What does John 17:6 mean?
ESV: “I have manifested your name to the people whom you gave me out of the world. Yours they were, and you gave them to me, and they have kept your word.
NIV: I have revealed you to those whom you gave me out of the world. They were yours; you gave them to me and they have obeyed your word.
NASB: I have revealed Your name to the men whom You gave Me out of the world; they were Yours and You gave them to Me, and they have followed Your word.
CSB: "I have revealed your name to the people you gave me from the world. They were yours, you gave them to me, and they have kept your word.
NLT: I have revealed you to the ones you gave me from this world. They were always yours. You gave them to me, and they have kept your word.
KJV: I have manifested thy name unto the men which thou gavest me out of the world: thine they were, and thou gavest them me; and they have kept thy word.
Verse Commentary:
God the Son is that person of the Trinity which humanity can most easily see and comprehend (Colossians 1:15; Hebrews 1:3; John 1:1, 14–18). Jesus underscores that idea here, using a term translated into English as "manifested." This is from the Greek root word phaneroo, which means "to make something visible, recognizable, or explained, or to declare." Just as the term used in chapter 1, logos, implies a message or speech, this verse indicates that Jesus represented God in His ministry to the disciples. Acting "in the name of" someone means to echo their will and their authority (John 12:13; 14:26; 15:21; 16:26).

In this context, "the people whom you gave me out of the world" are these closest followers: the Twelve, also known as the apostles, though one of them chose damnation instead (John 17:12). Christ has made a point of reminding these men that He chose them (John 6:70; 15:16), they did not come to follow Him by their own inspiration. Those given to Christ are given by God, and they are His.

Jesus was not shy about calling out the disciples for their errors (Matthew 8:26; Mark 8:33; Luke 24:25). And yet, here, He indicates that they have kept God's Word. While all sin is our responsibility (1 Corinthians 10:13), God also knows that we are not perfect (Hebrews 4:16). The same was true of the Twelve: they were fallible, but their trusting commitment to Jesus meant they were sincerely, truly following God.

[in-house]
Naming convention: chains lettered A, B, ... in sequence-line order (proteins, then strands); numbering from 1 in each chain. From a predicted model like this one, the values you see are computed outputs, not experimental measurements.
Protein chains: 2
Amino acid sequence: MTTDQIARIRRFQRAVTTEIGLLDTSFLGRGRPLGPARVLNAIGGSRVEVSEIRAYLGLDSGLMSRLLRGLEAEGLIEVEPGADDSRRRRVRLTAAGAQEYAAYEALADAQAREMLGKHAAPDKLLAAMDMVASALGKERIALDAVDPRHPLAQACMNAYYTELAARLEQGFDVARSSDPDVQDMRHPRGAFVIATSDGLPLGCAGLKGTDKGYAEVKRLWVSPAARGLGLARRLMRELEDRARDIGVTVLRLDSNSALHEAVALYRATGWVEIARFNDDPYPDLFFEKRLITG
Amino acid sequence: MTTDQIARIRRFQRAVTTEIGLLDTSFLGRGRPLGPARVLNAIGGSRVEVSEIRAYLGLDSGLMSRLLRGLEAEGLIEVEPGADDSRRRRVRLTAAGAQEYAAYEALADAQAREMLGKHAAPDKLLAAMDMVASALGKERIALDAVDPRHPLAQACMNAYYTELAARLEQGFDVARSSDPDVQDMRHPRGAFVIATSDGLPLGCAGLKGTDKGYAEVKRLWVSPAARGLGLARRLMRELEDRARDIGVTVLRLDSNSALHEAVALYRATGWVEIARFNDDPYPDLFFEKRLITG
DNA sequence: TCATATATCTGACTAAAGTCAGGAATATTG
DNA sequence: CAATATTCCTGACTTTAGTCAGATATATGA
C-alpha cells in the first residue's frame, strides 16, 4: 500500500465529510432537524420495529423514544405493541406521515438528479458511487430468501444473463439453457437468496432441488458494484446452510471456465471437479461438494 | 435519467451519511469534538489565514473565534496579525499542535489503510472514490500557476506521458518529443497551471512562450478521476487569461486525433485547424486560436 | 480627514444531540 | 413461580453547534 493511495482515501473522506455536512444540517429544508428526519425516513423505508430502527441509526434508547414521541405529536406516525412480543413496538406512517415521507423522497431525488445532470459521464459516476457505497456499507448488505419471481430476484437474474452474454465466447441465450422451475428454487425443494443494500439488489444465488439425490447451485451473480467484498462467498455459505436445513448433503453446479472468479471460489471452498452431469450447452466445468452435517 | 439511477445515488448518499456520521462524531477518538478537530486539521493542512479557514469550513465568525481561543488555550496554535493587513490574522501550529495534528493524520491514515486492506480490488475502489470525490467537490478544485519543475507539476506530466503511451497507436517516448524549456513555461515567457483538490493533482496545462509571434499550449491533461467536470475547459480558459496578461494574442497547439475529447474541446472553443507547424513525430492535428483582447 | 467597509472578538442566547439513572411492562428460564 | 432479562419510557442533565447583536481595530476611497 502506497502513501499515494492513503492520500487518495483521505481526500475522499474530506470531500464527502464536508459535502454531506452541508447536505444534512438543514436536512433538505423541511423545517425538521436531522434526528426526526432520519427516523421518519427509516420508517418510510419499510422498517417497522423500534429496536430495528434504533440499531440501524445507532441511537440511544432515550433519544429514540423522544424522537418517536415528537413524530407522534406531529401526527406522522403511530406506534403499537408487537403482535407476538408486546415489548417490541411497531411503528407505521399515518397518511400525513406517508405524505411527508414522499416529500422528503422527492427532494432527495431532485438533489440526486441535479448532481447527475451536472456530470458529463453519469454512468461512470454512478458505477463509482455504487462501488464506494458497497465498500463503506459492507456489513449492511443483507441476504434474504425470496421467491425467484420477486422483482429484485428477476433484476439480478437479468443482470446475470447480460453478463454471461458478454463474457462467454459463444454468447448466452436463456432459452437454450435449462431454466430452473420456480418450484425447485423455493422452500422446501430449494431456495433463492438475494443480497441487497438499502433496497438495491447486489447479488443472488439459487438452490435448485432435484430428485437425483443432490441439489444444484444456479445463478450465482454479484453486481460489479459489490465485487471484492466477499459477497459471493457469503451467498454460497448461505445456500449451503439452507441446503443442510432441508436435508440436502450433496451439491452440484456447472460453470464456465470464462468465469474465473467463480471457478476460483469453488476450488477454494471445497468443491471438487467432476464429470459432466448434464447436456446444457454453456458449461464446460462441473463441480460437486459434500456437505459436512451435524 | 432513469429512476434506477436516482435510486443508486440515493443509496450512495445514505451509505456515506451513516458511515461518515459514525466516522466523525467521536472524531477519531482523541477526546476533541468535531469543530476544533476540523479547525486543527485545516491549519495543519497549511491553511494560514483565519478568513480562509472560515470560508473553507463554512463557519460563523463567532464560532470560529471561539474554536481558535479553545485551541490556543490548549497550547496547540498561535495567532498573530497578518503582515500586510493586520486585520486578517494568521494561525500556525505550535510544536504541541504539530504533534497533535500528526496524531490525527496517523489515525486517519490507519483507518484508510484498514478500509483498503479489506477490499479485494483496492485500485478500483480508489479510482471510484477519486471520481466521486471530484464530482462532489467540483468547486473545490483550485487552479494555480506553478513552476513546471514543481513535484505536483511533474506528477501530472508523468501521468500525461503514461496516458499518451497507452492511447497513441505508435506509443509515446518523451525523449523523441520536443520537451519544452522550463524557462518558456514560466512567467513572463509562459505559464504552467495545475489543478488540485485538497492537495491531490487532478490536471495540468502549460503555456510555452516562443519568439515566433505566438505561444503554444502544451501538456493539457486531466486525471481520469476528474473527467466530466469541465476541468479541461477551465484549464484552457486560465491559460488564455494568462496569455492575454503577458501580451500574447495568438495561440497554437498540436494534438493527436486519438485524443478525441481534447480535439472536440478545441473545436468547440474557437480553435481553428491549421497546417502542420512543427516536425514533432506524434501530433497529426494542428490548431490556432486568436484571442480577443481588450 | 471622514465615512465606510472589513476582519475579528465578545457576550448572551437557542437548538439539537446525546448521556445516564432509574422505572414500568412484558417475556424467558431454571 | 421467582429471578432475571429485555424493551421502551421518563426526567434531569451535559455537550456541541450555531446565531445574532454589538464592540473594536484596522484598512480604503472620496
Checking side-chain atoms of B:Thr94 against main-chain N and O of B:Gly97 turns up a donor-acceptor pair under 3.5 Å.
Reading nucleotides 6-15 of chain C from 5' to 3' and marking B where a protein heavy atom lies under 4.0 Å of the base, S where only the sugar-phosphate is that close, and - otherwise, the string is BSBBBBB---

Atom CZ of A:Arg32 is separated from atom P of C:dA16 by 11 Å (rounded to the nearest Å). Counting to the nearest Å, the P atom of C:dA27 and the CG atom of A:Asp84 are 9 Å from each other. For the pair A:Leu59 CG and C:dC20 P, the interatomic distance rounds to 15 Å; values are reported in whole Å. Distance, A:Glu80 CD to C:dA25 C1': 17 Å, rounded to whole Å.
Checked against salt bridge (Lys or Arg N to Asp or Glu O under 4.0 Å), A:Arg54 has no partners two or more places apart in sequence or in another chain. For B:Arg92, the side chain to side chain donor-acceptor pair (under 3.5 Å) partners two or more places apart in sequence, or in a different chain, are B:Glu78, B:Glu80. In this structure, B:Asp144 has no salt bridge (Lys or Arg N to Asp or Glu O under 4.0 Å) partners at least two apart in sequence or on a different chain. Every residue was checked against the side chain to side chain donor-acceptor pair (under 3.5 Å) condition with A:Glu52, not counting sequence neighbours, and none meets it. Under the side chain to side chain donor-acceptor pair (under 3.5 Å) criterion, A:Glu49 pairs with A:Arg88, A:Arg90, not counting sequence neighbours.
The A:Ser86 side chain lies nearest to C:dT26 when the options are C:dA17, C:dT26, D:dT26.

Verse Context:
John 17:6–19 continues the High Priestly Prayer of Jesus, prior to crossing into the garden of Gethsemane. After asking God the Father to glorify Him, so He may glorify the Father, Jesus now prays for His disciples. Earlier passages included Jesus' warnings about persecution (John 16:1–4). His plea, here, is for the apostles' continued faith in the face of that hardship. While this passage has application for all Christians, the immediate subject is Jesus' immediate circle of closest disciples. After this, Jesus' prayer will continue with an emphasis on all future believers.
Chapter Summary:
In this passage, known as the High Priestly Prayer, Jesus speaks to God about three main topics. First is Christ Himself, asking God the Father to glorify Him so He can glorify the Father. Next, Jesus prays for the faith and courage in His closest disciples. Finally, He prays for those who will come to faith because of the apostles' writing and teaching. This moment occurs before Jesus enters Gethsemane, where the other Gospels will record His final anguished prayers before being arrested (Matthew 26:36–46; Mark 14:32–42; Luke 22:39–46).
Chapter Context:
Over the last several chapters (John 13—16), Jesus has been giving last-minute instruction to His closest disciples. These lessons composed a large part of the Last Supper. Among those teachings were several warnings about persecution, with the encouragement of knowing the Holy Spirit would come. In chapter 17, we read Jesus' High Priestly Prayer, making requests on behalf of Himself, the apostles, and future believers. After this, Jesus will go into Gethsemane where Judas will turn Him over for arrest and His eventual execution.
Book Summary:
The gospel of John was written by the disciple John, decades later than the gospels of Matthew, Mark, and Luke. The author assumes that a reader is already familiar with the content of these other works. So, John presents a different perspective, with a greater emphasis on meaning. John uses seven miracles—which he calls “signs”—in order to prove that Jesus is, in fact, God incarnate. Some of the most well-known verses in all of the Bible are found here. None is more famous than the one-sentence summary of the gospel found in John 3:16.
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